Reflections on Mongolia (In summer)

 Ger on the HIll

Not the most attractive of cities, Ulan Bator (UB), the capital of Mongolia, is not without its charms.  Perhaps not a city to spend more than a few days in, but the city’s sights can be enjoyed as an example of a capital totally alien to the rest of its country.  In UB you can eat in international restaurants where there is more than boiled mutton on the menu and drink in cafes where you can get Austrian coffee instead of fermented mares’ milk.

While battling the choking dust and piles of rubble, avoiding the few abnoxious alcoholics, looking further than the soviet-style buildings and surviving the life-threatening traffic chaos –  the visitor can be treated to the following: an array of fine museums, spectacular concerts of traditional music and dance, extravagant, ancient palaces showing an opulence and lifestyle of past centuries and tranquil Buddhist monasteries.

TURNING THE PRAYER WHEELS

A good introduction to Mongolian life is the Black Market, otherwise known as the Thieves Market (for a reason), the massive central market where locals shop for most things!  All your senses will be heightened as you wander through this vast array of goods amid a population still dressed in traditional clothes ….   Rows of torturous wooden saddles, assorted horse paraphernalia, genuine antiques, vivid orange ‘ger’ furniture alongside fifties style furniture for the modern UB apartment.  Endless rows of boots – some for riding, snow walking and some for dancing with turned up toes and elaborate embroidery.  Men poring over piles of  hardware, women feeling shimmering silks and satins while nearby endless supplies of dissected sheep vie for space with piles of onions, potatos and summer fruits.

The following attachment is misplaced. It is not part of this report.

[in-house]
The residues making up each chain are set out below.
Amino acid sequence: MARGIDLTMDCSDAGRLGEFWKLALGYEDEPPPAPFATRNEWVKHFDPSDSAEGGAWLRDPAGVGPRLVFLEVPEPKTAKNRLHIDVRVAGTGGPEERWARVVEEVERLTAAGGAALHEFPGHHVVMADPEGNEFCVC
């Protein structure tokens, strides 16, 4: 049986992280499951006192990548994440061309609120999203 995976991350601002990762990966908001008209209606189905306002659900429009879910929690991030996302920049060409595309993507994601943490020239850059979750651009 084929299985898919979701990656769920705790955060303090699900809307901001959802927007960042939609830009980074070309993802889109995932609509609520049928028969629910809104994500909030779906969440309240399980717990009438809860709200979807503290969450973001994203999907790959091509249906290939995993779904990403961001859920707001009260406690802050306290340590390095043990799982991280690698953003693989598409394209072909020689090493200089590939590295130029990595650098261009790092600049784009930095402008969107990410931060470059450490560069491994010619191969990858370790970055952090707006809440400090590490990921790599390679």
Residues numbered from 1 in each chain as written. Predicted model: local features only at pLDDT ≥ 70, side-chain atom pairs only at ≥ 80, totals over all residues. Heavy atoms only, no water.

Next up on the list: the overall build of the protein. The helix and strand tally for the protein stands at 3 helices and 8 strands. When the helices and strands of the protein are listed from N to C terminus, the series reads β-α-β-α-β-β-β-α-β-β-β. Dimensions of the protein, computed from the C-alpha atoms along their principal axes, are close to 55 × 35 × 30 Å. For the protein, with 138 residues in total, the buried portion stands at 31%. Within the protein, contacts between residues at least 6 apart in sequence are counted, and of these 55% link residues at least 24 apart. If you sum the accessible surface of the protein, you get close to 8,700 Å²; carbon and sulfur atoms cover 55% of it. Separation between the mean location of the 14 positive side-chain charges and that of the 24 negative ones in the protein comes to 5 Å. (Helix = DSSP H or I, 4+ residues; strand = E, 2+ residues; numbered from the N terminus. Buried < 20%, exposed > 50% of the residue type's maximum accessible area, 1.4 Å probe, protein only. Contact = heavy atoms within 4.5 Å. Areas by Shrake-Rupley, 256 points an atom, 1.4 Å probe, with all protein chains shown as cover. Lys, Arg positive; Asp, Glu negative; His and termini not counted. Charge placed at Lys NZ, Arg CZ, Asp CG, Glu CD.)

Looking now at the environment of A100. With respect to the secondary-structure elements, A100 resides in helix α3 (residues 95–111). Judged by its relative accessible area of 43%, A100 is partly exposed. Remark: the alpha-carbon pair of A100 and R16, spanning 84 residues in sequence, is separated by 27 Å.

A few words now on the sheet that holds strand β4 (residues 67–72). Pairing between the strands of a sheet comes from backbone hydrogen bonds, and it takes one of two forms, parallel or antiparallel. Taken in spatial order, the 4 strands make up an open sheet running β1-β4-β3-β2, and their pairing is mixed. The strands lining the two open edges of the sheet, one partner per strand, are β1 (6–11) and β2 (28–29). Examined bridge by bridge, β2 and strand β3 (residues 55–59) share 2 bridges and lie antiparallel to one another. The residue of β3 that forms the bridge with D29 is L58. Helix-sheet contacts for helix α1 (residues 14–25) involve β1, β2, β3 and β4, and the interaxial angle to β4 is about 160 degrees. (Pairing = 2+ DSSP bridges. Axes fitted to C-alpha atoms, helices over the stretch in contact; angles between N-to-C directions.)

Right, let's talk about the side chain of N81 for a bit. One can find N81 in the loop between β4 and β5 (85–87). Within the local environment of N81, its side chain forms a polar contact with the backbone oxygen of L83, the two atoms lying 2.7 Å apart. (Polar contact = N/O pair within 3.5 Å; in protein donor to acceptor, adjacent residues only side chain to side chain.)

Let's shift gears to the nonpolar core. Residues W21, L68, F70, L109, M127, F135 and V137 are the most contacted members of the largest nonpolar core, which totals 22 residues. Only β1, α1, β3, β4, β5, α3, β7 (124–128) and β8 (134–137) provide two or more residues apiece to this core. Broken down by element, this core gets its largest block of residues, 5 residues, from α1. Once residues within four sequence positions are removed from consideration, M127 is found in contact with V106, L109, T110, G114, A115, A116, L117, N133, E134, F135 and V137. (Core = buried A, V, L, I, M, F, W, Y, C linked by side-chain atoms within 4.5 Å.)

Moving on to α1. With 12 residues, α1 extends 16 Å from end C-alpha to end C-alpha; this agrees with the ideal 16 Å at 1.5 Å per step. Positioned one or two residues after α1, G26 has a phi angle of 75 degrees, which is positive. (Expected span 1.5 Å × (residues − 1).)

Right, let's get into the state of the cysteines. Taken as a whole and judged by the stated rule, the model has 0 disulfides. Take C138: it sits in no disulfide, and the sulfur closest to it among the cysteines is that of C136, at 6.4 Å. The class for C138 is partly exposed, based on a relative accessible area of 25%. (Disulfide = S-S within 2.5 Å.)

Mgers2

However, the true attraction of this wild, free and almost fenceless country is evident as soon as you can organise an essential four wheel drive vehicle (or perhaps a horse) to explore an almost road-less landscape.    The experience is a wildness and space with flowering meadows, tree-less steppe and larch forests.  Beautiful fresh and saltwater lakes abound with birdlife and fresh water rivers are clean and full of fish.

The humbling vastness of a land populated by magnificent horses, woolly yaks, herds of goats, sheep and untethered camels compares only with the freely given hospitality of the nomadic peoples.  They live a lifestyle of past generations whose rules of life dictate helping others and a sharing of everything.  As a visitor you will be welcomed into their gers (round felt tents), offered milk alcohol or airag – the ubiquitous fermented mares’ milk, creamy yak cheeses and bowls of freshly gathered wild berries.  You will be expected to share what you have and in return you may wish to re-evaluate the modern lifestyle which you have temporarily escaped.  Warming yourself by a dung fuelled fire, contributing your stashed vodka or joining families under a sky crammed with a million stars while they sing songs about their lives.   Curious children will peer at you from behind long dels – the traditional clothing worn by both parents and soon you will receive shy smiles from very grubby, small faces.   If you stay long enough you may be invited to watch the milking of the mares and yaks by women and girls who sit beside them on small stools, collecting the valuable gift from their beloved animals – from which their very existence depends. …

BROTHER LOVE

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